Friday, October 3, 2008


The recent plunge in crude oil price futures—at $108 per light sweet barrel at this writing—will help us in many ways. It is one of the main causes of the economic slowdown, since it has taken so much out of consujmers’ pocketbooks as it boosted inflation to double-digit levels, the highest levels since the early 1980s, according to CBS Marketwatch economist Irwin Fellner.

Why are oil prices falling? The U.S. dollar is rising in value—especially against the euro and English pound. And since most oil producers are paid in dollars, a higher dollar value viz other currencies means lower dollar prices for foreigner’s oil.

The dollar is rising in value because other economies are slowing down, which makes the U.S. economy look better. Growth in Germany, Japan and Great Britain has turned negative, while U.S. second quarter economic GDP (domestic) growth was just revised upward from 1.9 percent to 3.3 percent—close to the 75-year growth average.

So this is a chain reaction of sorts that will benefit consumers and real estate as well. A strengthening dollar and lower inflation will keep the Federal Reserve from raising interest rates anytime soon, for one thing, as some inflation hawks have been calling for.

This also strengthens the balance sheets of our ailing banks, because it keeps their cost of funds low. And as banks’ profits increase, they will be able to originate more mortgages again. Real estate lending is down more than 50 percent, according to the Mortgage Bankers Association from its high point in 2005.

Where is our economy at present? We are probably bumping along at the bottom of this recession. Yes, it will officially be called a recession that begun around last November; probably sometime next year after the turnaround has begun. The end of the 2001 recession in November (yes, one month after 9/11) wasn’t called under 11 months later.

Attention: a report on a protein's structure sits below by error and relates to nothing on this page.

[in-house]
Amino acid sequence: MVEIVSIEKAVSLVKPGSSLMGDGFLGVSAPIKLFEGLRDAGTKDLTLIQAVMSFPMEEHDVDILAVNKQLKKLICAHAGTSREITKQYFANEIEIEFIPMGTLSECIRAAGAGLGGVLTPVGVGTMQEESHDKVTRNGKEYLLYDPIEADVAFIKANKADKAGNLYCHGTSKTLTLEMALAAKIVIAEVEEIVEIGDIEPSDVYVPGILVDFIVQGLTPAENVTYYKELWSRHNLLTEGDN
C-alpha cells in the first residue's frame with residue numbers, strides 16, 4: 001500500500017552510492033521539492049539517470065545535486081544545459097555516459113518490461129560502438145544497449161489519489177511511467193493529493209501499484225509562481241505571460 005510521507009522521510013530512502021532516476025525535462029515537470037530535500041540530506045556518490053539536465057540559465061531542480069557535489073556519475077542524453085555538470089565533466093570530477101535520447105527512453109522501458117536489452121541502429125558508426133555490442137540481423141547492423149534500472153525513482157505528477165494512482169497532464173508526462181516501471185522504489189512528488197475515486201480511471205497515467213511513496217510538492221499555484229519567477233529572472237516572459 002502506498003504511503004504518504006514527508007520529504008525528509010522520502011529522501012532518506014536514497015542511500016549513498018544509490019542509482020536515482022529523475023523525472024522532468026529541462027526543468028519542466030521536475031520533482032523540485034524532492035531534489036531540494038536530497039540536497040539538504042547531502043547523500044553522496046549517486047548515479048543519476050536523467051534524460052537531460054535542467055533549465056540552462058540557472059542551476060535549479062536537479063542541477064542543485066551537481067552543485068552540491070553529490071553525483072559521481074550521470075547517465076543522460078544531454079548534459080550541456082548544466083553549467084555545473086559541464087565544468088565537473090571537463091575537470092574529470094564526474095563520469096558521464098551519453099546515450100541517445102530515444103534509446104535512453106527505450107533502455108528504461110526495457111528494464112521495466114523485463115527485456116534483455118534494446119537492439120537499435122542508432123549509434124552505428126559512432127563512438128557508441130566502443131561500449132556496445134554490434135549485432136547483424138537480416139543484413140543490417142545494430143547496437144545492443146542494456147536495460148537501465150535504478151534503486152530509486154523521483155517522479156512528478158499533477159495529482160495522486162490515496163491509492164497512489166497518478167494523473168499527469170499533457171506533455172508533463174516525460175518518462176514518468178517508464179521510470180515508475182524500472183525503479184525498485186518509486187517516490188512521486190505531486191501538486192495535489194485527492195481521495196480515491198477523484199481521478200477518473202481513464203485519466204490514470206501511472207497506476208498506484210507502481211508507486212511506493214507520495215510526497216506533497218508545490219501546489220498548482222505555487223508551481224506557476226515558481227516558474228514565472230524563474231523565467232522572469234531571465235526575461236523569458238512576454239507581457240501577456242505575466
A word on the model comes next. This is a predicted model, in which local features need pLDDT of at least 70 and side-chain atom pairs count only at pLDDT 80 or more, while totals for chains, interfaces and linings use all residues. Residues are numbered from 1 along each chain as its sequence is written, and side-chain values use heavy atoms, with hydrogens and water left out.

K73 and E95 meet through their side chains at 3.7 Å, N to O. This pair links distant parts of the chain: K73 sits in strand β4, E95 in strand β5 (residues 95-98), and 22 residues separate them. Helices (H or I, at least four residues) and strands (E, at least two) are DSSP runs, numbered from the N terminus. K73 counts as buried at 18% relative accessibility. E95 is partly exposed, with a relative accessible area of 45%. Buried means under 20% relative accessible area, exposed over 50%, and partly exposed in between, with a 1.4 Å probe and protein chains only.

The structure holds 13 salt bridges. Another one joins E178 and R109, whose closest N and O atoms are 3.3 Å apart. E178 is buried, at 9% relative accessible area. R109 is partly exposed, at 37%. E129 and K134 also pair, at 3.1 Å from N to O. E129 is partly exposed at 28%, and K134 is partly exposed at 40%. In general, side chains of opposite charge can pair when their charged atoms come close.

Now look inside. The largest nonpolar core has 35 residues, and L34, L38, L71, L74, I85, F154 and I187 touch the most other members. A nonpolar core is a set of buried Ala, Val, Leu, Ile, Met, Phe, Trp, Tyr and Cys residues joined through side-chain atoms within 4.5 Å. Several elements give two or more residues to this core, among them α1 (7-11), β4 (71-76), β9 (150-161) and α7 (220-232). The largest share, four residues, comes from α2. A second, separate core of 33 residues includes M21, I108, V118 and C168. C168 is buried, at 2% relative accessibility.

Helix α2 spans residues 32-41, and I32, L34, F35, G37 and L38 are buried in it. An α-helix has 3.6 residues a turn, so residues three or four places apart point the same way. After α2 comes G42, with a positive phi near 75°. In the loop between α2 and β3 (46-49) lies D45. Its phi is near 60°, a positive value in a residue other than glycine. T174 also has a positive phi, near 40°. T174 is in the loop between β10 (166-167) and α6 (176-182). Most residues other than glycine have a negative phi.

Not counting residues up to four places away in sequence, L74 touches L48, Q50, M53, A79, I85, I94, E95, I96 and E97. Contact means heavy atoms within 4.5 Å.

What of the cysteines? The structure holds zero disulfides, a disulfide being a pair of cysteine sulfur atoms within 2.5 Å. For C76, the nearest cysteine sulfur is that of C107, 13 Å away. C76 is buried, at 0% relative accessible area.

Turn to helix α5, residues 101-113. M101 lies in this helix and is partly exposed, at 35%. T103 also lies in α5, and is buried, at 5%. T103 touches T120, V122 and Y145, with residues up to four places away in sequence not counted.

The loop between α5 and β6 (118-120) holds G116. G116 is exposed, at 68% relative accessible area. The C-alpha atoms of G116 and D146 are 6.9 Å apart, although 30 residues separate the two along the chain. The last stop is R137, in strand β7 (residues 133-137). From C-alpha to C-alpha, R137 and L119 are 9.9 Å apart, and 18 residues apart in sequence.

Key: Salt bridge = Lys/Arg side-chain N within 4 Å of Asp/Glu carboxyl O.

This means real estate sales are beginning to stabilize as well. The S&P Case/Shiller index of 20 metro areas is the broadest indicator of regional prices. The number of metro areas with home prices beginning to increase has increased steadily for the past 3 months, as we have said. This hasn’t yet put a dent in inventories, however.

But the wild card is the mortgage industry. Fannie Mae and Freddie Mac are about to be taken over by the Federal government, with details yet to be revealed. The scuttlebutt is that it will make mortgages cheaper. This should give a big boost to real estate, needless to say, since they now buy and package for investors more than 70 percent of all mortgages. And when the new $625,500 loan limit for a single unit kicks in in January, we presume 2-4 unit loan limits will also rise.

I believe we can look to 2009 with some optimism. Mortgage rates have been trending down of late with oil prices. The conforming 30-year fixed rate had briefly dipped to 5.875 percent last week, and the ‘jumbo-conforming’ amount (to $729,750) was just 6.125 percent—both with a 1 point origination fee. They should continue downward once the Fannie/Freddie rescue package is in place. This will bring many more home buyers into the market that has home prices already down some 16 percent, along with oil prices and inflation, of course.

© Harlan Green 2008

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